BCGS GeoFile 2011-02: Final Frontier in the Golden Triangle: East Hoodoo Mountain Area

M.G. Mihalynuk, J.M. Logan and Z. Zagorevski

http://www.empr.gov.bc.ca/Mining/Geoscience/PublicationsCatalogue/GeoFiles/Pages/2011-2.aspx

The Iskut River area of northwestern BC is characterized by exceptional mineral endowment, it is mostly enveloped by the fabled “Golden Triangle”. Westflowing lower Iskut River marks the northern edge of the south-pointing Golden Triangle. Rocks which host stratabound mineralization, such as at the Rock and Roll deposit, are apparently barren north of the river. There is no obvious geological explanation for the dearth of deposits north of the Iskut River edge of the Golden Triangle. However, a reason for the lack of deposits in the Hoodoo Mtn area (104B/14) may arise from the lack of a geological framework; much of the area has never been systematically mapped. A working partnership was established between the BC Ministry of Forests, Mines and Lands, the Geological Survey of Canada (GEMS), Pacific North West Capital Corp. and the University of Victoria to address this lack of public geologic knowledge.

BCGS GeoFile 2011-05: Biogeochemical Exploration Vectors in search of Carbonatite, Blue River, British Columbia

G.J. Simandl, R. Fajber, C.E. Dunn, B. Ulry and J. Dahrouge

http://www.empr.gov.bc.ca/Mining/Geoscience/PublicationsCatalogue/GeoFiles/Pages/2011-5.asp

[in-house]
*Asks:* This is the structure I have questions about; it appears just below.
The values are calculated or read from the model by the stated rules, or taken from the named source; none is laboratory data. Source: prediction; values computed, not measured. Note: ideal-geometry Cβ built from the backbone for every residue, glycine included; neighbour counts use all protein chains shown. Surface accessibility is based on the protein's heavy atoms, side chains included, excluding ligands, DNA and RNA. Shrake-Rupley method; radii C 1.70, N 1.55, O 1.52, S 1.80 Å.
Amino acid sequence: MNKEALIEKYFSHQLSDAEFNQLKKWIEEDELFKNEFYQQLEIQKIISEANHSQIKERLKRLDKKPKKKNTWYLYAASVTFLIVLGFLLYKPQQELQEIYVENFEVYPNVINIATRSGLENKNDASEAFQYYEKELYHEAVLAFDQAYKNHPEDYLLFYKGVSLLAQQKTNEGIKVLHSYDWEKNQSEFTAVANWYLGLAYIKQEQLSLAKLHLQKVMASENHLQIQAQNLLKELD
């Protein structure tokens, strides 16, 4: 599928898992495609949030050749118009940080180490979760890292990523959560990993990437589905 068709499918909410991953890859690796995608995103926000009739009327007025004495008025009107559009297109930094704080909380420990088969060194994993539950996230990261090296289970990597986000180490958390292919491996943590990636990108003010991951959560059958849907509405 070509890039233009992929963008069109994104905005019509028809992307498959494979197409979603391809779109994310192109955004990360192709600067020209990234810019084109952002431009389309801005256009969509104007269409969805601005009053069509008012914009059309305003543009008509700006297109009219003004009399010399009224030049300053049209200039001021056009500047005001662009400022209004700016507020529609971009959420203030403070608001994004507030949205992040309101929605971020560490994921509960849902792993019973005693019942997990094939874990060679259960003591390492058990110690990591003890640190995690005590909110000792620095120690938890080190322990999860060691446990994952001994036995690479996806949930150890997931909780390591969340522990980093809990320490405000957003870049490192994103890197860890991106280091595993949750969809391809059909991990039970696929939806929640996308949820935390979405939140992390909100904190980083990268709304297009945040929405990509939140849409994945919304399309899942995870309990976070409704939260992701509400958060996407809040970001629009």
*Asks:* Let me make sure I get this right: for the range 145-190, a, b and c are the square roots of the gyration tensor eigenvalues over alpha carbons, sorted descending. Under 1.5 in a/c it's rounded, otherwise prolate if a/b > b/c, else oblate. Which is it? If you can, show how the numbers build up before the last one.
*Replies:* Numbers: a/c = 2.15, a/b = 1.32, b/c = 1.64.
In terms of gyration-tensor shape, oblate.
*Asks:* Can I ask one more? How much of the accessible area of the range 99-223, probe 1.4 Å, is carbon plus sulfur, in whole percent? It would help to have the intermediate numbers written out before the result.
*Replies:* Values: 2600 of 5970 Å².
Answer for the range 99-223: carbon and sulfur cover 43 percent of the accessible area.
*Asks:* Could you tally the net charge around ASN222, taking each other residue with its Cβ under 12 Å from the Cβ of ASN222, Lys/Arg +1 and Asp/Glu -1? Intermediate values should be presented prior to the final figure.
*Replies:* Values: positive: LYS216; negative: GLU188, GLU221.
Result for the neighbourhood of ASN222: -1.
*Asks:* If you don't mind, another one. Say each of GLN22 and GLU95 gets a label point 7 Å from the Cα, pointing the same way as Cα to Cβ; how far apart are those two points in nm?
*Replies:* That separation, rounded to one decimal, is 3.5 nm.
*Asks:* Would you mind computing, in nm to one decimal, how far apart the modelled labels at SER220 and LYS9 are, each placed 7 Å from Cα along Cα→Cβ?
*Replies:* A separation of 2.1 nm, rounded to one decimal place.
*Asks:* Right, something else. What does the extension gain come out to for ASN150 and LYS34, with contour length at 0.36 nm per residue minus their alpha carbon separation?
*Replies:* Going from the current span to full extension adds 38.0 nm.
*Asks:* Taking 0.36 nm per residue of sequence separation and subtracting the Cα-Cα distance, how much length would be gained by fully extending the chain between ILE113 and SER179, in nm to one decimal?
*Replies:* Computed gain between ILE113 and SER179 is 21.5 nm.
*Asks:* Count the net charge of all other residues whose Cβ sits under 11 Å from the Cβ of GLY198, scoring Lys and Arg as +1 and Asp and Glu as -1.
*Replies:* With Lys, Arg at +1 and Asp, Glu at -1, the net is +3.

Coniferous trees represent suitable sampling media in the exploration for carbonatites and related rare earth elements (REE), Ta, Nb, phosphate and fluorspar mineralization referred to in the British Columbia “Carbonatite Deposit profile N01” (Birkett and Simandl, 1999).


Twenty four samples of twigs with needles from coniferous trees (Subalpine Fir and White Spruce) were collected over the Upper Fir Ta, Nb and apatite-bearing carbonatite. The results indicate that carbonatite is detectable by biogeochemical methods. Light rare earth elements (LREE), Y, Zr and P are good exploration vectors for REE and apatite mineralization; whereas Ta and Nb are direct indicators for their own ores. Ta is found in detectable concentrations only in White Spruce twigs (41% of samples), and mainly those directly overlying mineralization, concentrations range from 0.001 to 0.003 ppm Ta. Nb concentrations are higher than those of Ta; concentrations range from 0.02 to 0.24 ppm Nb in White Spruce twigs, 0.00496 to 0.070814 ppm Nb in White Spruce needles (ash values normalized to dry weights), and 0.012011 ppm to 0.030214 ppm in Subalpine Fir needles (ash values normalized to dry weights).

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Release Notification 2011-03

February 10, 2011